I went to the Legion, you should too
More than just ‘old people, dart boards and draft beer’
By Kelsey Hipkin
Walking through the Legion’s Sandstone doors and into the wood panelled lobby with its vintage puffy blue chairs, war scene murals and a portrait of a young Queen Elizabeth is like walking into another time. Entering the main hall to watch My Gold Mask and The Dudes during Sled, one soon realizes that this isn’t your average Legion.
I had been told about the volunteers at the Legion but when I finally went and saw for myself the seventy-something year olds clearing away bottles, chatting with concert-goers and even doing a little dancing themselves. I was blown away.
“I can’t believe how much patience they have with the young crowd,” said Dan Vacon, lead singer of Calgary band, The Dudes.
“The legion could be actually my favourite place in town to play.”
The Legion is “not just about old people, dart boards and draft beer,” said Manager Susan MacAulay.
She explained that the Legion has been showcased as a musical venue for about the last seven years. When asked why, MacAulay replied with one word, “finances.”
“It’s a big boost in revenue,” she explained about having shows at one or both (as in the case of Sled Island) of the two stages in the building.
While MacAulay says that membership with the Legion is “holding its own”, she added that the musical shows played there have young people joining up as members because they’ve been to shows there.
When I enter the building to take some photos I am greeted by sign saying “public welcome” and listing the days lunch specials including a steak sandwich and beer stein for $9.75.
When I inquire to find out a little more about the history of the No.1 and Legions in general I am directed to Wayne Morin who is tending bar.
With white hair and a quick smile he calls the customers he serves by name. He says legions are necessary for the veterans and the veteran’s families, “they (the Legion) help out the veterans and the families a lot and also the communities.”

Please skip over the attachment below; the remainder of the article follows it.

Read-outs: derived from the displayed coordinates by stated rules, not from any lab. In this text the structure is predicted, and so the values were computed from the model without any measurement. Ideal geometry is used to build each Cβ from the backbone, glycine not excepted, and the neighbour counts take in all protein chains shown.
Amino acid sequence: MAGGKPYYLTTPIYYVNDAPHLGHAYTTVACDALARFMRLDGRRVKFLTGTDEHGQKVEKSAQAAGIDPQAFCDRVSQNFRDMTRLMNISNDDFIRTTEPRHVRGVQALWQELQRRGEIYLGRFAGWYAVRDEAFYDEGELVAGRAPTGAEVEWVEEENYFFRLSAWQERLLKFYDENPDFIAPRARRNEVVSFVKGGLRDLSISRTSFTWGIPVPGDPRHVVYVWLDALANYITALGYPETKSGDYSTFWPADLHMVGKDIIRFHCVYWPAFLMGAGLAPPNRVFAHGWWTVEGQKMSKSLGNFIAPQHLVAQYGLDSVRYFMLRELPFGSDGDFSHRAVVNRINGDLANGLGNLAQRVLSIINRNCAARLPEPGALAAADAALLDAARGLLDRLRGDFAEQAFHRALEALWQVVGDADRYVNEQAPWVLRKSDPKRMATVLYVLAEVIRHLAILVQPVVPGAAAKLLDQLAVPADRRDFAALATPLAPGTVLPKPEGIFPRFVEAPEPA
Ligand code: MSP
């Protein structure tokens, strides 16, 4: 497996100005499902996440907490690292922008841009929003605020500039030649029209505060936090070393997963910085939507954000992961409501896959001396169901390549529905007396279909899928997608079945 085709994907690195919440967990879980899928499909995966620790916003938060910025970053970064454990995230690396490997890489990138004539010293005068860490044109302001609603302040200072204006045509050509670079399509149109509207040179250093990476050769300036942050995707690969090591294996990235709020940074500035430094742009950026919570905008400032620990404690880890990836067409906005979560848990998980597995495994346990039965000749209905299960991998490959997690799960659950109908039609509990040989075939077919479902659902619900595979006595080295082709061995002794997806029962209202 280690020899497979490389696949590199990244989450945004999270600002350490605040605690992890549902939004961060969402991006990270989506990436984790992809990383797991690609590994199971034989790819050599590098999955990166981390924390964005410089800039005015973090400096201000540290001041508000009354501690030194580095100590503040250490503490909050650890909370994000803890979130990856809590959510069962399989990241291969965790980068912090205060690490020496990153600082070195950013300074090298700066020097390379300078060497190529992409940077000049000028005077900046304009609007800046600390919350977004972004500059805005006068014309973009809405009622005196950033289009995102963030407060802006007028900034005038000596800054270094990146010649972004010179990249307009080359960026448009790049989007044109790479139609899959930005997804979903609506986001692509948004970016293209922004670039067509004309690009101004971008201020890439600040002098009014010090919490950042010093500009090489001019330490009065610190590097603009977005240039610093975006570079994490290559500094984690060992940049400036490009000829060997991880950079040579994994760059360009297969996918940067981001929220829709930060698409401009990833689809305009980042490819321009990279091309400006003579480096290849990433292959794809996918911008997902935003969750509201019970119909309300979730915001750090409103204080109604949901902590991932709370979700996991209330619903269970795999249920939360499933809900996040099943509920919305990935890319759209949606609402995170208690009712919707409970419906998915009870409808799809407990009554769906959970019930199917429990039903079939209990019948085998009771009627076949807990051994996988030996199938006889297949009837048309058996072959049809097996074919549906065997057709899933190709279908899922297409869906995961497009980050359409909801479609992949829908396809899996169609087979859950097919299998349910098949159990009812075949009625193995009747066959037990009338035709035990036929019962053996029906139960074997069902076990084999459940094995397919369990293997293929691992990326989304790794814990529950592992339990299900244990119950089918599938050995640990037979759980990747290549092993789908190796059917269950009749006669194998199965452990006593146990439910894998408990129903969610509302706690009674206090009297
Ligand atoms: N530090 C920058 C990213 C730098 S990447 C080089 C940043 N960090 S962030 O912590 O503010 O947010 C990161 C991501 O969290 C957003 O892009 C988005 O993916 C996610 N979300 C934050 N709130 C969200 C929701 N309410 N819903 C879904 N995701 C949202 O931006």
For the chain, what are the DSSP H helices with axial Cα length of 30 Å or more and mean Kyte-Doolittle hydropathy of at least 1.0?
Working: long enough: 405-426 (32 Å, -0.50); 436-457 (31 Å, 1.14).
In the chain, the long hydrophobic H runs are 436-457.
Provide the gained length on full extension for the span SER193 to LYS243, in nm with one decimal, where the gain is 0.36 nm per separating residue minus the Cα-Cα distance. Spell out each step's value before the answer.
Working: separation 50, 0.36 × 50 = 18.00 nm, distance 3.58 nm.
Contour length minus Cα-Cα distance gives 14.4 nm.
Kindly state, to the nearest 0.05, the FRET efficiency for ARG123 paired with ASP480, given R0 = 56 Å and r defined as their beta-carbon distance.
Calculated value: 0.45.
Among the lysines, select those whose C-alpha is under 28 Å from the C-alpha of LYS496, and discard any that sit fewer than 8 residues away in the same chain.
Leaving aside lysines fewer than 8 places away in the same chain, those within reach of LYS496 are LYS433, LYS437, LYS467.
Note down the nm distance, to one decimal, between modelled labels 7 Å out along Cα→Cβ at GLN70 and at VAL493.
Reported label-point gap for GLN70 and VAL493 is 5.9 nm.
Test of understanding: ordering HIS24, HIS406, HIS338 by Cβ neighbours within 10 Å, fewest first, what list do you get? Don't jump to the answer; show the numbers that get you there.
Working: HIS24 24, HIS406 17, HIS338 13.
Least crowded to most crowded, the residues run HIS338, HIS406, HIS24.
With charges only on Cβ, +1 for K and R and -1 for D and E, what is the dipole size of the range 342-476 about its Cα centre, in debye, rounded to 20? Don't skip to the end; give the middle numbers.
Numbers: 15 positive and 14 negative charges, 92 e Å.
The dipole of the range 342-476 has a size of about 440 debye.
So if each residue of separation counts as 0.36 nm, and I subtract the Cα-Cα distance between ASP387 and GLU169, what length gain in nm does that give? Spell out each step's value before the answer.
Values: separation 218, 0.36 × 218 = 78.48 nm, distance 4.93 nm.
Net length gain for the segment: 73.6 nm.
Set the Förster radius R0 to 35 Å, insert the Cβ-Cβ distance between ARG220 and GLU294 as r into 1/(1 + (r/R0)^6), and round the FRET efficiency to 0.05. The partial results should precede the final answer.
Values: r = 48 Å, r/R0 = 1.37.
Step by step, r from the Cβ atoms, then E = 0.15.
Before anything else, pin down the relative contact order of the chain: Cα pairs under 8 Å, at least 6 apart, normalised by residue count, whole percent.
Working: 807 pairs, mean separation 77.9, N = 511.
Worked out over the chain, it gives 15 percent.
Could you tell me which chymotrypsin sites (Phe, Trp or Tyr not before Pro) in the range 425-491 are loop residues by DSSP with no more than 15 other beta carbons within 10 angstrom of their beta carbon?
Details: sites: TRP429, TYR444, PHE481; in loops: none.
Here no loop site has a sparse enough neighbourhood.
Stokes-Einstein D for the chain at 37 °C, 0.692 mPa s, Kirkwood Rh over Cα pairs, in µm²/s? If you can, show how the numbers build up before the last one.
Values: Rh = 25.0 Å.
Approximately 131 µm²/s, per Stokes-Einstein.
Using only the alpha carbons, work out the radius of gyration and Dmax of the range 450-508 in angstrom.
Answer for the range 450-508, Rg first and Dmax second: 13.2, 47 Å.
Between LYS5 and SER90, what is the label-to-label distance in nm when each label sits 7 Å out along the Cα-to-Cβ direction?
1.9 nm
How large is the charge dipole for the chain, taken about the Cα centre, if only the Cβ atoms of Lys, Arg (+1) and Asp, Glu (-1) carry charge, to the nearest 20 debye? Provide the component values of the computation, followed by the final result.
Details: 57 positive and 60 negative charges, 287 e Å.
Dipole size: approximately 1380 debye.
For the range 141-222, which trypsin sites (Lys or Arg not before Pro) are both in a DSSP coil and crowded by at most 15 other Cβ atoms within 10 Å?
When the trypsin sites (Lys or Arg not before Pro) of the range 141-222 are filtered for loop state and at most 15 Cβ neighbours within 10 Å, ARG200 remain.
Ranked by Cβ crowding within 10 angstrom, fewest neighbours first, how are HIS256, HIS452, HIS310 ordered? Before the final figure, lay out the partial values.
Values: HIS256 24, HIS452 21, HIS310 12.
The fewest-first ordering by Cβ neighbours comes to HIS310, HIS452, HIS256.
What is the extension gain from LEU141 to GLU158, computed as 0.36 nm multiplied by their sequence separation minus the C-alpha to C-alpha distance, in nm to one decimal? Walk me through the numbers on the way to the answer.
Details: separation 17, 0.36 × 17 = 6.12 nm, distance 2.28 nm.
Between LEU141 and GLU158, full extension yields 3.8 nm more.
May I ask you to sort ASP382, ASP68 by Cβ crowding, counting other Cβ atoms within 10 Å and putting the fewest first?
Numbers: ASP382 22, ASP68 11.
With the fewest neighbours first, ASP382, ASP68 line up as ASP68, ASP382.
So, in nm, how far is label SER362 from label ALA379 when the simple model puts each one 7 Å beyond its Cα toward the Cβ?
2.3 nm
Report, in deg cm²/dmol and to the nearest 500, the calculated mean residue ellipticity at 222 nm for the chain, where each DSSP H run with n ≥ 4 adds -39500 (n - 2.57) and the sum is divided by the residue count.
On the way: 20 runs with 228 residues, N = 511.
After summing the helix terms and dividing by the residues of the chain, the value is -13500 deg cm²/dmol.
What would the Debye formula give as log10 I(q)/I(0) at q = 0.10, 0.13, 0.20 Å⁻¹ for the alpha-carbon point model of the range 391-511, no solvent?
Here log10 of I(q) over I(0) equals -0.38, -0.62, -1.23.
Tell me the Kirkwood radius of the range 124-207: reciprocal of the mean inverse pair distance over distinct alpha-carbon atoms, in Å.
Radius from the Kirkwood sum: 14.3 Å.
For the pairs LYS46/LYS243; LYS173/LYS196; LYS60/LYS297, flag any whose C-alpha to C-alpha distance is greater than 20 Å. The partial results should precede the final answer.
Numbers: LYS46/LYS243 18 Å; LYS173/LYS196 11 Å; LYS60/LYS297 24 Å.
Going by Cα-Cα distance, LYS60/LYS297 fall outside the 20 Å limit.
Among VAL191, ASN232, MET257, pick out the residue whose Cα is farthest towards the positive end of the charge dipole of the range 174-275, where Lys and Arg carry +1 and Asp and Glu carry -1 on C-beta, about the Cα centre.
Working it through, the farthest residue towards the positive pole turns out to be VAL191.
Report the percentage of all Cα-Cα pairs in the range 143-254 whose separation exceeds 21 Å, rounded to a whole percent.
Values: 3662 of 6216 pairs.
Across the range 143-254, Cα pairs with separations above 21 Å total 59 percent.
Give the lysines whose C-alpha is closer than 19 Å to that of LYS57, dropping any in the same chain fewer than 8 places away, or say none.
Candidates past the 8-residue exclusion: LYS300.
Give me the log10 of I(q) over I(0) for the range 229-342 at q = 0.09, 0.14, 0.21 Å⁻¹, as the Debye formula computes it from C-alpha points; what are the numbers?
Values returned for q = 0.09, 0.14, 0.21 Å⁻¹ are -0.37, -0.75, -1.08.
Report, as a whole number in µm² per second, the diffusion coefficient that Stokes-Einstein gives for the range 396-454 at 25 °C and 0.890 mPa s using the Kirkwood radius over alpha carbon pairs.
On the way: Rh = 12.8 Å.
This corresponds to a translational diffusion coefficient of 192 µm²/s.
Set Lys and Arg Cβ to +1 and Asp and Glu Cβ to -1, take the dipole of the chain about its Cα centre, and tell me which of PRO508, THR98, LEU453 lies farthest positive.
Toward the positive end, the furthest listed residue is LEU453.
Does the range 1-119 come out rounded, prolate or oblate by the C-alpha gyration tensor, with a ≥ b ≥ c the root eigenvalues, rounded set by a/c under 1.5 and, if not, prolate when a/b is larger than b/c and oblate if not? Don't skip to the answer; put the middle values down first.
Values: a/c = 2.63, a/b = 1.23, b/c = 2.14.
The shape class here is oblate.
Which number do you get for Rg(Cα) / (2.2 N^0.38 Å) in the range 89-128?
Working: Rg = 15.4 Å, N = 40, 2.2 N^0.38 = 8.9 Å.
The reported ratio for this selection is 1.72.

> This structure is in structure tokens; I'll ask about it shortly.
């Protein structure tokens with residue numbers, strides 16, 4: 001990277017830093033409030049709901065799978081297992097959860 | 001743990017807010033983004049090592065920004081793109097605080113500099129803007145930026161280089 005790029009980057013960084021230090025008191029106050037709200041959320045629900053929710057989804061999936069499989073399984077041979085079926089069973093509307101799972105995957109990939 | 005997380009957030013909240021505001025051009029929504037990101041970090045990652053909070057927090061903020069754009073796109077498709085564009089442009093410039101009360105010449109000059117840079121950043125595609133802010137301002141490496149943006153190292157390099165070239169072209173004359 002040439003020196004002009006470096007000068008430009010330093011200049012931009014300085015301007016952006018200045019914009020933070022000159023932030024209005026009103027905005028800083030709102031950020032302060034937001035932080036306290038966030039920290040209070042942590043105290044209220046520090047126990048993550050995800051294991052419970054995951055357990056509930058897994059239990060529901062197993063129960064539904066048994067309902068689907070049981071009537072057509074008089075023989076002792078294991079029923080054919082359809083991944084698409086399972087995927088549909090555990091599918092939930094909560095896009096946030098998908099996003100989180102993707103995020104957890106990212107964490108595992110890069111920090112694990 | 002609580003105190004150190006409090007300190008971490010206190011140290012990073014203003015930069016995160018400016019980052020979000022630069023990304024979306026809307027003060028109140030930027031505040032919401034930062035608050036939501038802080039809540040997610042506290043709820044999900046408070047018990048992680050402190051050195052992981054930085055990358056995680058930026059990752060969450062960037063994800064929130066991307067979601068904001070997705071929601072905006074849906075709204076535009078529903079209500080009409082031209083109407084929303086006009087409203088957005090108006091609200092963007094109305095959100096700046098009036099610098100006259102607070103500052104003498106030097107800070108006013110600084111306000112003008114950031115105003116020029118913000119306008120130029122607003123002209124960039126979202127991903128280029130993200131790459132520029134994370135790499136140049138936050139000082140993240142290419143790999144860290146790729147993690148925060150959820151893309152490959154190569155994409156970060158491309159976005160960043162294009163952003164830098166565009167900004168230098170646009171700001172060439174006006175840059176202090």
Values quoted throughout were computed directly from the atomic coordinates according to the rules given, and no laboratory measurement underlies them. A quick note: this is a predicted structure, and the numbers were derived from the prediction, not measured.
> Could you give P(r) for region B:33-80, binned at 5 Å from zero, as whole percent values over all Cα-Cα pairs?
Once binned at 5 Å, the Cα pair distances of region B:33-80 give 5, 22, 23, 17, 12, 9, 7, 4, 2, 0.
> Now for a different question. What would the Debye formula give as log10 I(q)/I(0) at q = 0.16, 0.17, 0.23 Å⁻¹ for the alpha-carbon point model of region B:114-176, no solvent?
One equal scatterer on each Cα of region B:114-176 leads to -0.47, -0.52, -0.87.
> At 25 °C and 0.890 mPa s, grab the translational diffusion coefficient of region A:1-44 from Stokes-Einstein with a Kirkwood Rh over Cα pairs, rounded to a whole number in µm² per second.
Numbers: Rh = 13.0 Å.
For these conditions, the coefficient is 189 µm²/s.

Community and a sense of “personal comradeship” is what the No.1 is all about says MacAuley. She recalls one member who had a stroke so she would take it upon herself to drive him in for his visits. When he hadn’t been heard from for a couple days and someone went to check on him, they discovered he had passed away. MacAulay posed the question how many other places would care enough to check on a regular that hadn’t showed up like the No.1 did.
Finishing my interview with Wayne I grab a beer and a seat with an old gentleman decked out in cowboy hat and bolo tie with his suit lapel covered in various legion and veteran pins.
Ron, 76, has been a member with the No.1 for ten years but was also in Legions in Saskatchewan and Manitoba where he grew up. He explains that he has volunteered at a couple of the music shows that have been held in the hall and that he understands the need for the kids to “howl”.
He talks about growing up in Manitoba, working up north in a camp kitchen and then tells me he’s been shot twice and stabbed five times (he still has the knife). He chuckles a bit when he says that cats have nine lives but he has eleven.
There are eight listed Legions in the city of Calgary. Anyone interested can join
if they are a relative of a member or have a family member that served in the military. For more information go to www.legion.ca.